You can’t have a baby? Must be a female problem! Be careful with such statements because they are not (always) true! It is one of the common mistakes in talking about infertility. But let us have a deeper look into what is behind those societal norms and expectations for couples who wish for a child! Dr. Michelle tells us about the mental and physical problems in the journey through fertility:
Fertility today has transformed its definition into something that has been cloaked in shame. It is a subject that is often whispered among hushed tones, peppered in a lot of stress and anxiety. Approximately 15 % of couples around the globe document infertility. This amounts to millions! Yet we do not talk about how couples tackle this journey through fertility with both its mental and physical facets. When researching infertility, some of the first thoughts are often the methods to achieve fertility again. However, the less-discussed aspect is the stifling burden that infertility has on relationships and individuals reducing their worth to their ability to procreate.
Infertility’s Male vs. Female Dilemma
Fertility is often depicted as a struggle for a person with a uterus to get pregnant. Unfortunately, this is due to the connection built between the uterus and the baby. In many parts of the globe, particularly rural sections, menstruators are subjected to years of rigorous testing and therapies. This is without considering a potential biological male cause, primarily because societal norms have not allowed the possibility of a inefficiency by non-menstruators. The CDC highlights that there is about 35 % of a male factor along with a female one among couples who are unable to conceive. Several factors contribute to fertility in non-menstruating individuals. These include general health and wellbeing, semen and sperm quality and quantity, medications, underlying medical conditions, and even mental health.
For menstruators, there are many more aspects that are explored to conclude a diagnosis of infertility. A comprehensive examination of the reproductive tract, hormones, underlying medical conditions, medications as well as lifestyle factors is generally conducted. While we are aware of an equal possibility, the psychological impact is higher among menstruating people to conceive. Resultant therapeutic measures are largely aimed at reproductive system of people with a uterus, enhancing their chances of getting pregnant. And a failed attempt is brushed aside without exploring the impact it possibly could have had on the menstruator and the couple.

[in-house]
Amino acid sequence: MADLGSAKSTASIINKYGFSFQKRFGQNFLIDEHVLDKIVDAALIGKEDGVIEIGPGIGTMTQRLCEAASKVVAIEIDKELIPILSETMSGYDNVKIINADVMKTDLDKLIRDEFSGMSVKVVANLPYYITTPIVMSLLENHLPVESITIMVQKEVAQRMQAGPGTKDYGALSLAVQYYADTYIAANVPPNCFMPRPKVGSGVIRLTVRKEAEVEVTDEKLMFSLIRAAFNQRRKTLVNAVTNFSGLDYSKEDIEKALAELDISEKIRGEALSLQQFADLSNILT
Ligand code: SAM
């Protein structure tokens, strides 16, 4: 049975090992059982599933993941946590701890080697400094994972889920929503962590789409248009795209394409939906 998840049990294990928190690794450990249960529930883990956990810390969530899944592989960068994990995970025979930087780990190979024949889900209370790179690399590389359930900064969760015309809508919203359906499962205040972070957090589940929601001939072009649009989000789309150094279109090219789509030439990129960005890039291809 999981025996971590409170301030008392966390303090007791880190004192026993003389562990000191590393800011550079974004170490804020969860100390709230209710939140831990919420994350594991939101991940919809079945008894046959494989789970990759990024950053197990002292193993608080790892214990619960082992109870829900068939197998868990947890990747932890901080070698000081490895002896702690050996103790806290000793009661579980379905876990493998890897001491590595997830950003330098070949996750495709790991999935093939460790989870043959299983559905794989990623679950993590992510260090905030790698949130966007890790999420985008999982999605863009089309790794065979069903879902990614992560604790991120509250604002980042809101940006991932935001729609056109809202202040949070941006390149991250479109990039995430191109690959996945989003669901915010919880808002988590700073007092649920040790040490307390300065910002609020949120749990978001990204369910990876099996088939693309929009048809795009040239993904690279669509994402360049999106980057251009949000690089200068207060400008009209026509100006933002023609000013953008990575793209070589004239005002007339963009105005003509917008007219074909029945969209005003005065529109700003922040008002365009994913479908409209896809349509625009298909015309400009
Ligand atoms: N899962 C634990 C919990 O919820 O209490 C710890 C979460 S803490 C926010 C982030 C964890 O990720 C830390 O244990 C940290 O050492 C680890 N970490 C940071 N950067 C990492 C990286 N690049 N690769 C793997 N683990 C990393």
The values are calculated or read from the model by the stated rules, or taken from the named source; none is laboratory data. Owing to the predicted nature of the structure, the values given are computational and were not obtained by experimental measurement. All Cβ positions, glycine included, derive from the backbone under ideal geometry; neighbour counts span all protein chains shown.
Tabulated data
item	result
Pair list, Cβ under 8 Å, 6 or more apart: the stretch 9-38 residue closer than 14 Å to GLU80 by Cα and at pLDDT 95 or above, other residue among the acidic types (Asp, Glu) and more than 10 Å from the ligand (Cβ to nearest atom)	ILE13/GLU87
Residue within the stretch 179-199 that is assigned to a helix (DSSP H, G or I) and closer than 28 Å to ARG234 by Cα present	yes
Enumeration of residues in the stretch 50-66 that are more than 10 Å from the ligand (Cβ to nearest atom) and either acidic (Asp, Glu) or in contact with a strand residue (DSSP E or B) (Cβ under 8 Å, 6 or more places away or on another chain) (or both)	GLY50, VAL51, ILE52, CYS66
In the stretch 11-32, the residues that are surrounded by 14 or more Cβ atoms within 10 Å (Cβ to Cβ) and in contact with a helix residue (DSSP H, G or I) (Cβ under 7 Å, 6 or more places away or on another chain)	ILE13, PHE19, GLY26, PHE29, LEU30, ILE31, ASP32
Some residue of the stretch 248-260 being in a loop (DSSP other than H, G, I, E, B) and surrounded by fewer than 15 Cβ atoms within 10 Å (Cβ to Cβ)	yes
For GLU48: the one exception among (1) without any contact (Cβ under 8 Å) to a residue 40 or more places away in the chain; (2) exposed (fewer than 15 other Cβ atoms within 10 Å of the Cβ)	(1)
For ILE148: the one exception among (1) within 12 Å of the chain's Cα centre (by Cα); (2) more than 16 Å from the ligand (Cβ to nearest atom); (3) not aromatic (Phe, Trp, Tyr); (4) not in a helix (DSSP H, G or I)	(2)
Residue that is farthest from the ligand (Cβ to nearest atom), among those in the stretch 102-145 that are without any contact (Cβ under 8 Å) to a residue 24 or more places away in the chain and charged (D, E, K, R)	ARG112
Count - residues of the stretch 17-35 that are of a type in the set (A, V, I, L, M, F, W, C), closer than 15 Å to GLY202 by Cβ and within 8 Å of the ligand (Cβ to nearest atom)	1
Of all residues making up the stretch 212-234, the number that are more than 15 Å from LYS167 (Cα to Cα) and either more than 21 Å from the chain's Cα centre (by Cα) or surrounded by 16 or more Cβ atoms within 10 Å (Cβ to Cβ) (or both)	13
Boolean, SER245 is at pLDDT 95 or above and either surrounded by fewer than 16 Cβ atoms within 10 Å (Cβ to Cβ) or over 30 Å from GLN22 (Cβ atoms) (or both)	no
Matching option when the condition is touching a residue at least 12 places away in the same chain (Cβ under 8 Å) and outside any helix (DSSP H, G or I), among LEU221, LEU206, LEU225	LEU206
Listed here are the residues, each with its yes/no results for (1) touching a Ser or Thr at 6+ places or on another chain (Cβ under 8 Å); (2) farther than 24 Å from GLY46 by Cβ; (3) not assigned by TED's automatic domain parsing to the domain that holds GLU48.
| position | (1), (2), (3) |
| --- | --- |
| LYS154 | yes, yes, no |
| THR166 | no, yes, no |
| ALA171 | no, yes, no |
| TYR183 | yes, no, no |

Exploring the Psychological Aspect to Infertility
For decades the completeness of a menstruating person has been deeply intertwined with her ability to bear children. This is why an inability to do so often makes her/him feel inadequate or defeated in life’s purpose. At the similar end of the spectrum, the inability to impregnate their partners causes non-menstruators reflect on their “masculinity“. While both partners are often stressed about a similar circumstance, the channel for dialogue is scarcely explored. This is due to the minimal avenues for mental health discussions within the fertility ecosystem. There is a huge strain within the relationship caused as a result of infertility.
To feed into the vicious cycle of fertility, the stress and anxiety experienced by the couple can further reduce their chances of conception. Mental health concerns that are not adequately addressed are known to affect physical functions within the body such as the regulation of hormones and metabolic functions. Within the few studies that are conducted concerning fertility and mental health, women are often frequent candidates. Among the studies conducted to document mental health among men, there is a substantial increase in anxiety observed among the cases of infertility. Impacts on relationships are probably the most infrequently explored dimension in the journey though fertility.
Changes the Journey through Fertility needs
Tackling infertility beyond the scope of just a physical inability is highlighted as a basic human right by the WHO. There is a need to view couples as individuals themselves that are beyond the realm of reproductive machines. While the mental health of heterosexual couples is currently scarcely explored, it is safe to assume the struggles that older couples, LGBTQ* couples, disabled couples, relationships with more than two partners, surrogates, and even individuals who wish to be single parents experience are not even on the radar. A few studies have documented a positive impact on addressing the psychological needs of women on their journeys through fertility. Additionally, couples who are tackling their fertility struggles benefit tremendously from counselling, increasing pregnancy rates as a consequence.
There are so many concerns that are rarely voiced when managing fertility largely due to the proverbial finish line of having a baby. This has in turn diluted the joy that couples often seek when deciding to have a family. The bond is lost over a barrage of medical tests, failed cycles of IVF, and societal pressure to procreate. So, what does it need? The system built to tackle fertility should invest in cultivating the individual and their needs. This means couples should feel that they always have a choice whether they wish to have a child or not. At no interval must it appear to be a failure. Additionally, couples must be encouraged to foster their relationship through the process, and importance should be played on them versus their need for children.
Do you struggle with infertitity or have opinions on the topic? Share your thoughts, problems, and your journey through fertility in the comments!